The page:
When you think of the Civil War, do you think of the crafty women who infiltrated enemy lines, risking their lives to pierce the fog of war and retrieve secrets for their side? No? Why on Earth not? The Civil War was all about female espionage. Here are seven fantastic titles, fiction and non-, about the femme fatales of the Civil War.
This book follows four women as they hide their identities and take a big risk. As gripping as fiction, this true life story is an ideal book club pick.
The Spymistress by Jennifer Chiaverini
Elizabeth van Lew is a Union sympathizer in a Confederate land. Using her education and wits, she’s able to do a lot for the Richmond underground…and the political prisoners being held by the rebels!
An Extraordinary Union by Alyssa Cole
Most people would just be happy to have their freedom after a life begun in slavery. Not Elle Burns! She turns spy and discovers that espionage comes with its share of romantic entanglements in this work of romantic fiction.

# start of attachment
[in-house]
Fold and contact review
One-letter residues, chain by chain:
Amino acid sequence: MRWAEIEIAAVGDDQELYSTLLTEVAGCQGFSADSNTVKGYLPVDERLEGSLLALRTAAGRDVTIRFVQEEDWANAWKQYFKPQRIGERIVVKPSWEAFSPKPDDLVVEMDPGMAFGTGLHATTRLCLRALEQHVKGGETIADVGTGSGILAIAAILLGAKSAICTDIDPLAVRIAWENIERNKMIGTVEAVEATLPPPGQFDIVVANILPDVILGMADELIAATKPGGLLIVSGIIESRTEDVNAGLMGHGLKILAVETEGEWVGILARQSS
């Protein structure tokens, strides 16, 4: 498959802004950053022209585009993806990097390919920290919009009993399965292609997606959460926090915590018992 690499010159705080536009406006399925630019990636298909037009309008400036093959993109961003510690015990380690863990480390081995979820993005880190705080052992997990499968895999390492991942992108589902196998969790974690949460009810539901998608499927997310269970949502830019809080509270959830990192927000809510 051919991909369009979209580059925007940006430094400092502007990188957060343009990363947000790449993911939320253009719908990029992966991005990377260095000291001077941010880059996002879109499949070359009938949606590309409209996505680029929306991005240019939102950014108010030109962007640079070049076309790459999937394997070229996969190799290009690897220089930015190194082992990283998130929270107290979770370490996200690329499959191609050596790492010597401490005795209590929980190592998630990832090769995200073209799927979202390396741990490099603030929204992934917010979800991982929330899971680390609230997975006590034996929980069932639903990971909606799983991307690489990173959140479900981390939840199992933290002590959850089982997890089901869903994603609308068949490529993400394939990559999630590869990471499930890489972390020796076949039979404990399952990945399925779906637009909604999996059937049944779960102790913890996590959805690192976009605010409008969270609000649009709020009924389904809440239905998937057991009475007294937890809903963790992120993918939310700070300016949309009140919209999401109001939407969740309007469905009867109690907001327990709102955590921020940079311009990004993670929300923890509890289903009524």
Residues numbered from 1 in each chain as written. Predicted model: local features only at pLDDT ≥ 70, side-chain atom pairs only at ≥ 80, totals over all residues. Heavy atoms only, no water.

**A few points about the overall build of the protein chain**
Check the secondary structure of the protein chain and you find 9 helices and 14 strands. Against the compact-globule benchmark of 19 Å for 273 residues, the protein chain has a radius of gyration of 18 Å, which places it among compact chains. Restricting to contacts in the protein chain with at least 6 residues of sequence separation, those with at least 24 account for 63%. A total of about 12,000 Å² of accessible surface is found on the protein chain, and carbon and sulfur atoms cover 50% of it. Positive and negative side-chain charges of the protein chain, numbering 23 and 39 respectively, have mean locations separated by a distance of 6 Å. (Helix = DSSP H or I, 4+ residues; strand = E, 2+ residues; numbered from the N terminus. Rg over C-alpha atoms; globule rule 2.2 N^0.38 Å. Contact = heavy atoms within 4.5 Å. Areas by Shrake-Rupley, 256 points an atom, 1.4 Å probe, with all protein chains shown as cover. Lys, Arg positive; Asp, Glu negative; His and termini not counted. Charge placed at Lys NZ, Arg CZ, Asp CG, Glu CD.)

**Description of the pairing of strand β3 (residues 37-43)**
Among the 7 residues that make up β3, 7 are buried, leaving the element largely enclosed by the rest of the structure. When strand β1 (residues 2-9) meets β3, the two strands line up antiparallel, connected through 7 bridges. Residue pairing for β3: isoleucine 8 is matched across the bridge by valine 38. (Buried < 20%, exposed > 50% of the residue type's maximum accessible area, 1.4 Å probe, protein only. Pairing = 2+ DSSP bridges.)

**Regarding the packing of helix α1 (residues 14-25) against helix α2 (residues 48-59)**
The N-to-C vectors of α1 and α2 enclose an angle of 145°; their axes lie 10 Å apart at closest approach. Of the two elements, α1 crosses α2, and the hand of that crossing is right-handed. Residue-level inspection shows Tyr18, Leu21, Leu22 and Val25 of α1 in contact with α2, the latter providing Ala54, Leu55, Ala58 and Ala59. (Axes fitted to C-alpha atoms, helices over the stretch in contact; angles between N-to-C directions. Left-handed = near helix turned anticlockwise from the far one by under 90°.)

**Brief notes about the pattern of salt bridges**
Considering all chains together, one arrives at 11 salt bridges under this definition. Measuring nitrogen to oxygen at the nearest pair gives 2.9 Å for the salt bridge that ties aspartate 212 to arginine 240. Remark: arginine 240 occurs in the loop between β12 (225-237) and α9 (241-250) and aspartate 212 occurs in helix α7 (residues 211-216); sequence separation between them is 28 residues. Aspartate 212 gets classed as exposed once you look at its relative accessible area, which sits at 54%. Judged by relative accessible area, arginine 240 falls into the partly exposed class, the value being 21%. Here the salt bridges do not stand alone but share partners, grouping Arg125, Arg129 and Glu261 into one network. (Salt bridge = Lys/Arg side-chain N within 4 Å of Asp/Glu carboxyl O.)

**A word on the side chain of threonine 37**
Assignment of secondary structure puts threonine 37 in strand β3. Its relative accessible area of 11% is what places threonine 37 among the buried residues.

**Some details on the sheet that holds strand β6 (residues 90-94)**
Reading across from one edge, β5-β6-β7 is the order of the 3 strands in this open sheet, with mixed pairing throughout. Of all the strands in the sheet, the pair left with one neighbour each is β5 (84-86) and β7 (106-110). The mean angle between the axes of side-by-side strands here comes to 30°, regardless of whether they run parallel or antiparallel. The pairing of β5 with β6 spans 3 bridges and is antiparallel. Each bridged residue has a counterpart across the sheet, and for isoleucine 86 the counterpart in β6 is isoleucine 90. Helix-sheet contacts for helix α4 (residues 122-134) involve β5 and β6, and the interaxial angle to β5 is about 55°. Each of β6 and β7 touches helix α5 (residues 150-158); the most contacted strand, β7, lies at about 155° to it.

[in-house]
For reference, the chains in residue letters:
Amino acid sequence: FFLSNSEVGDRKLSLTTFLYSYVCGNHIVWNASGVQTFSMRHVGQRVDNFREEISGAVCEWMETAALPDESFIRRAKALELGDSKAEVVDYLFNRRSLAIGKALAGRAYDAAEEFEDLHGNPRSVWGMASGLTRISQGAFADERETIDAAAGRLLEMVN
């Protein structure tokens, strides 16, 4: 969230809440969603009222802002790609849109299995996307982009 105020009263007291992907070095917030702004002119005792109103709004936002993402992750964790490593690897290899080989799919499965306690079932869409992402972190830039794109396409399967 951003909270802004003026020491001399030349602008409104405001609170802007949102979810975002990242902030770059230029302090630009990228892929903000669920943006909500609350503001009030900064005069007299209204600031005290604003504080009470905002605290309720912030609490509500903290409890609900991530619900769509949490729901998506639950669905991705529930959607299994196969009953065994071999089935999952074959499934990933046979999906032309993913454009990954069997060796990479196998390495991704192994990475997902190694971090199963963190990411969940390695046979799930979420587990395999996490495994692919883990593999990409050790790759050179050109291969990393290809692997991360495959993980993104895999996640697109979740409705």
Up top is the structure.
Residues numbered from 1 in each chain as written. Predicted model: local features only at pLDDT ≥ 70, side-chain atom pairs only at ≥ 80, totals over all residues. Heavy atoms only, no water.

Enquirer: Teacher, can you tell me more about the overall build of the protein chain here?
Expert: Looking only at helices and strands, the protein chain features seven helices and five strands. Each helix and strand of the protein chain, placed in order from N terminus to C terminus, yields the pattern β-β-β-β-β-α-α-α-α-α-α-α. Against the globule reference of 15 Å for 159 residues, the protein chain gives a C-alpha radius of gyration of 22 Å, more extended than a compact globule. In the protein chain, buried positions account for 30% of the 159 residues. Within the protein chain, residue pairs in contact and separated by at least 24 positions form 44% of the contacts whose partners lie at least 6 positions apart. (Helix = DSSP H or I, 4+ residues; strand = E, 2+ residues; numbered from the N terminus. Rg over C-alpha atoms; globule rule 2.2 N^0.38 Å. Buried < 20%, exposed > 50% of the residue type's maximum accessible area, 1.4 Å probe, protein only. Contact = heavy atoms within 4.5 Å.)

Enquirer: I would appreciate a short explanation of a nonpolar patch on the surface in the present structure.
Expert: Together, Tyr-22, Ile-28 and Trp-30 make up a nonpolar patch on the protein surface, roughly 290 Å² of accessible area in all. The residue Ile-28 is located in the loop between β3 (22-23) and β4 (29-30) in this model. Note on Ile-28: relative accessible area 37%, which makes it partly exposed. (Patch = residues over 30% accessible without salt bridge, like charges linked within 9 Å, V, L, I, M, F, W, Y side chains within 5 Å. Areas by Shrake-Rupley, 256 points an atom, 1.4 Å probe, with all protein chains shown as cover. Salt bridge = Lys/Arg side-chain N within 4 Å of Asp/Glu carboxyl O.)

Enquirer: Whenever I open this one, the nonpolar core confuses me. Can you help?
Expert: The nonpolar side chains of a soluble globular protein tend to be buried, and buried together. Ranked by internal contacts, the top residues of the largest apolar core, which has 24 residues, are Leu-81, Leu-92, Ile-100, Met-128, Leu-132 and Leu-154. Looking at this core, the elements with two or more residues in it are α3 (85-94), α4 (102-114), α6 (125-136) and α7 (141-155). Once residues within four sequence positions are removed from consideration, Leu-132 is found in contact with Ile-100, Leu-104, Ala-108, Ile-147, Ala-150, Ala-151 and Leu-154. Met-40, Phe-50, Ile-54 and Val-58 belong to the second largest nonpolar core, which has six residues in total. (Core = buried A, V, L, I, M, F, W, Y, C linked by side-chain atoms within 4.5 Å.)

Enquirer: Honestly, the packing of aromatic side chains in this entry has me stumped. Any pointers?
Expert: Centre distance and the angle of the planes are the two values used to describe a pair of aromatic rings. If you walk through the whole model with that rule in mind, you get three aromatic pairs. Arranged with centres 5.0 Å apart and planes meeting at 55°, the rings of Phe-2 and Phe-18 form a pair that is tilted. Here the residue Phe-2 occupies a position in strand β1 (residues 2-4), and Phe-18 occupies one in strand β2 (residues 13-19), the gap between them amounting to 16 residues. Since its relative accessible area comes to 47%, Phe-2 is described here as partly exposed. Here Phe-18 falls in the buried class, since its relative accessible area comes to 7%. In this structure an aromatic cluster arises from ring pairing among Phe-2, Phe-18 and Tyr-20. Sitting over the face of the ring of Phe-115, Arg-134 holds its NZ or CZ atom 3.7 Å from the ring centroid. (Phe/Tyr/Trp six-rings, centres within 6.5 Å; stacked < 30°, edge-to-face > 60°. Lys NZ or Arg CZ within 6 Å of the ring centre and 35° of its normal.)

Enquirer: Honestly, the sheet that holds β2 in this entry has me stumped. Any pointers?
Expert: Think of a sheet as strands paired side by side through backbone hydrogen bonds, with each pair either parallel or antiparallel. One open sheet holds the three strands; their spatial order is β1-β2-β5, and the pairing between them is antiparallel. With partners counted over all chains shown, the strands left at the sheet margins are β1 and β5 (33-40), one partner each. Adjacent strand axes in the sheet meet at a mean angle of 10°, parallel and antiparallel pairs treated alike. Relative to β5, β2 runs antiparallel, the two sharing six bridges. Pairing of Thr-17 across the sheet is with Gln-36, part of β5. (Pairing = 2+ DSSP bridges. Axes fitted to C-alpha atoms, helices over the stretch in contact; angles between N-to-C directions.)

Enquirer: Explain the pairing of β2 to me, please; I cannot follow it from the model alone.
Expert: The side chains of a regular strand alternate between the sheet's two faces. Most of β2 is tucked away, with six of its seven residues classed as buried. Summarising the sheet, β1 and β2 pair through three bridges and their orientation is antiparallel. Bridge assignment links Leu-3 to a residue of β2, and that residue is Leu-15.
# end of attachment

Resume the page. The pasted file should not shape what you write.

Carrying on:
Stealing Secrets: how a few daring women deceived generals, impacted battles, and altered the course of the Civil War by H. Donald Winkler
Did you know that one of the ways that women smuggled war secrets out from behind enemy lines was by concealing them in their hoop skirts? It’s true! All those details and more come to vivid life in this nonfiction book.
All the Daring of the Soldier: women of the Civil War armies by Elizabeth D. Leonard
In an era when the best women could hope for was the life of a servant, many felt that spying was a more stimulating career option. Exploding myths and painting vivid portraits, this nonfiction book is a must-read.
Miss Lizzie’s War: the double life of southern belle spy Elizabeth Van Lew by Rosemary Agonito
This is the spy upon whom Chiaverini’s The Spymistress is based! She was an actual person and her true-to-life story is all written down here, including the clever strategies that she used to aid the Union Army.
Wild Rose: Rose O’Neale Greenhow, Civil War spy by Ann Blackman
Using her Washington connections, this spy for the Confederacy charmed secrets from Union officials as easily as a wave of her fan.